How does the Richmond County Sheriff’s Office respond to mental health calls?

Published: Aug. 3, 2022 at 6:35 PM EDT
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AUGUSTA, Ga. (WRDW/WAGT) - The Georgia Bureau of Investigation is investigating how a Hancock County woman fell out of a deputy’s patrol car and died in July.

The GBI says Brianna Grier had a history of mental illness. The family says she was diagnosed with schizophrenia.

Grier’s parents called the Hancock County Sheriff’s Office after they say she was behaving abnormally.

GBI says the back door Grier fell out of was never closed.

We reached out to the sheriff’s office to find out their policy on responding to mental health calls but did not hear back.

Meanwhile, we’re checking in with Richmond County to see how they handle similar cases.

Deputy Chief Clayton says they get about 2,200 mental health calls per year, hundreds per month.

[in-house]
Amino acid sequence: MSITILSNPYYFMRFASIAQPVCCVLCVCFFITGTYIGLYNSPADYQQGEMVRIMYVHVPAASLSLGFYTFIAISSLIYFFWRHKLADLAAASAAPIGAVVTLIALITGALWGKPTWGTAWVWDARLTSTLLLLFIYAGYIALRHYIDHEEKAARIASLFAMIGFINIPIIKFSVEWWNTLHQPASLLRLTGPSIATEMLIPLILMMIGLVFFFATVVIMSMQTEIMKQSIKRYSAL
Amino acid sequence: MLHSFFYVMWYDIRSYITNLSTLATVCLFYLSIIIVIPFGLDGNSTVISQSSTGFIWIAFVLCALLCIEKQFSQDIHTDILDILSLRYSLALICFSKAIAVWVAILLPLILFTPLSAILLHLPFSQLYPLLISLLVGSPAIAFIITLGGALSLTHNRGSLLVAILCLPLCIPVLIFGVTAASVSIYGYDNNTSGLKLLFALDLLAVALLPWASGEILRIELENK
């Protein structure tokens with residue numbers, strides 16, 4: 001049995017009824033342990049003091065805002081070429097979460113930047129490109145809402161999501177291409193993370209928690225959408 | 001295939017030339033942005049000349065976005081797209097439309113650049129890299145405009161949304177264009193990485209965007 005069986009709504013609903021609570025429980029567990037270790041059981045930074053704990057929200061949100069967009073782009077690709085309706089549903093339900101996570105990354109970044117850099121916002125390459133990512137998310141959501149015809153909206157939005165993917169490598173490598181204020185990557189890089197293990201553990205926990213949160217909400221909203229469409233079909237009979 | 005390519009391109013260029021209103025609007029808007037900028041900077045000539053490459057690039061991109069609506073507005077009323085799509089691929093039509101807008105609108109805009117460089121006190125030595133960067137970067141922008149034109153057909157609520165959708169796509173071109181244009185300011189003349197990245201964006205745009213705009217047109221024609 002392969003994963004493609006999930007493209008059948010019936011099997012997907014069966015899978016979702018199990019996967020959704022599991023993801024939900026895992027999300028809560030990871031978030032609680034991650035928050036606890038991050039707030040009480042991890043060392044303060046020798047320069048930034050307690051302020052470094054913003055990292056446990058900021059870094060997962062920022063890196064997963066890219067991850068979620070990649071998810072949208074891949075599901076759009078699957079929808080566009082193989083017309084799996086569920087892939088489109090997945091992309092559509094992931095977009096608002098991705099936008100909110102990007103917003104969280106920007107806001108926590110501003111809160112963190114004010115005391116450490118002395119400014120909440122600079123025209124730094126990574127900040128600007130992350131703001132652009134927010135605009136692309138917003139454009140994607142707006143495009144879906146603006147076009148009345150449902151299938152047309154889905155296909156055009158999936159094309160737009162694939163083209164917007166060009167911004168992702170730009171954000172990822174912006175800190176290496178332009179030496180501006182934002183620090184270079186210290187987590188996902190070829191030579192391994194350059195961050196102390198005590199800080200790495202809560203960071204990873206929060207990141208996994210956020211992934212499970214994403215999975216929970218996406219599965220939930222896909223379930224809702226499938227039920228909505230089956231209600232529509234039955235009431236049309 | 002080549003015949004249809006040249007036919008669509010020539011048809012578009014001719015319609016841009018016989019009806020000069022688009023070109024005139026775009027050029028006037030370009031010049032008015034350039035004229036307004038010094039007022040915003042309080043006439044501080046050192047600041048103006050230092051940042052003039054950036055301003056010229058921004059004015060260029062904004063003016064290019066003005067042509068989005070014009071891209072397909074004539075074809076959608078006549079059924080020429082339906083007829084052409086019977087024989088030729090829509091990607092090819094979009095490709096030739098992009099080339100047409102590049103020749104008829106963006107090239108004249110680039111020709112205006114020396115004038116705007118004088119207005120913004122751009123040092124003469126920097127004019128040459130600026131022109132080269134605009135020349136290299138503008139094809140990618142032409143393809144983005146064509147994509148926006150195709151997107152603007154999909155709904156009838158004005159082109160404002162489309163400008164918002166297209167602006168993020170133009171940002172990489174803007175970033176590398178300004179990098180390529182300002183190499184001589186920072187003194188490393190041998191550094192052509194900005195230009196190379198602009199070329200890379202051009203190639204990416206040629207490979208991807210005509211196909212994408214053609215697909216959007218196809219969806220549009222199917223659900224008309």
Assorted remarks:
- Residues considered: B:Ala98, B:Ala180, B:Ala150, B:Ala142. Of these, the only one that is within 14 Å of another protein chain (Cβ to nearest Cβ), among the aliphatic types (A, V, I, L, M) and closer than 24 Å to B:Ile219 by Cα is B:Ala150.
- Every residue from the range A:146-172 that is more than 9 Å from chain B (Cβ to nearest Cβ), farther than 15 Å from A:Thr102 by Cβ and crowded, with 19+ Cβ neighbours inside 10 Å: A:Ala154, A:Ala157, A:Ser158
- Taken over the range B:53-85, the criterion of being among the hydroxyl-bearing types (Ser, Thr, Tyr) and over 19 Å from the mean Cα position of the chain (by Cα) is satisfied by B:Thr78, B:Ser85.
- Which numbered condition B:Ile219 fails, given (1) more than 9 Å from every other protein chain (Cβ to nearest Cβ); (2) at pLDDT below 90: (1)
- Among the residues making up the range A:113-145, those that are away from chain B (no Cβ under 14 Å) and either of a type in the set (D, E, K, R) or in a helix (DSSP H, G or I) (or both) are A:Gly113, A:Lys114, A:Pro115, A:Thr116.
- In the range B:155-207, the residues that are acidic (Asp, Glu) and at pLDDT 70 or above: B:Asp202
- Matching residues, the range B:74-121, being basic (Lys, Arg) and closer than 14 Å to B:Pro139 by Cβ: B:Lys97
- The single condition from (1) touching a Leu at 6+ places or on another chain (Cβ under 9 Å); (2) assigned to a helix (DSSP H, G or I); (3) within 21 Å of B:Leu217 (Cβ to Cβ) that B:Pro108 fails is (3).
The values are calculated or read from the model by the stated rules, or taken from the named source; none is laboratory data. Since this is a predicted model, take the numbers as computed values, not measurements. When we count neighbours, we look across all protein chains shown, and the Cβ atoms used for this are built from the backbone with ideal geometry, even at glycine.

The sheriff’s office is looking to gain more resources, not just when the call comes in but the after-effects.

“We can always try to make it better,” said Clayton.

Clayton says he is looking to provide more help when deputies are called to the scene of someone suffering a mental health crisis.

“It’s in our best benefit to get these people the resources they need frequently. Most of them, if they’re on their medication and they are receiving counseling, they’re fine,” he said.

He says deputies are trained on crisis intervention techniques, but there is only so much they can do.

“We frequently have these mental health calls. Our biggest is usually Wednesday evenings and Sunday mornings seem to be the worst,” he said.

Clayton says he would like to see the Crisis Intervention Team Program revitalized to assist officers on mental health calls. The program had to be dissolved because of staffing and COVID funding going away.

In that program, he says the social health workers on the team can de-escalate the situation better.

“This kind of program here, we actually have someone on board, they can help them get back on their medications, they can help them get back into a counseling program,” he said.

Clayton adds this program would bring relief to deputies as well.

“It will really reduce the amount of resources that we are using for these kinds of calls that can be used on other calls where we can place a bigger emphasis,” said Clayton.

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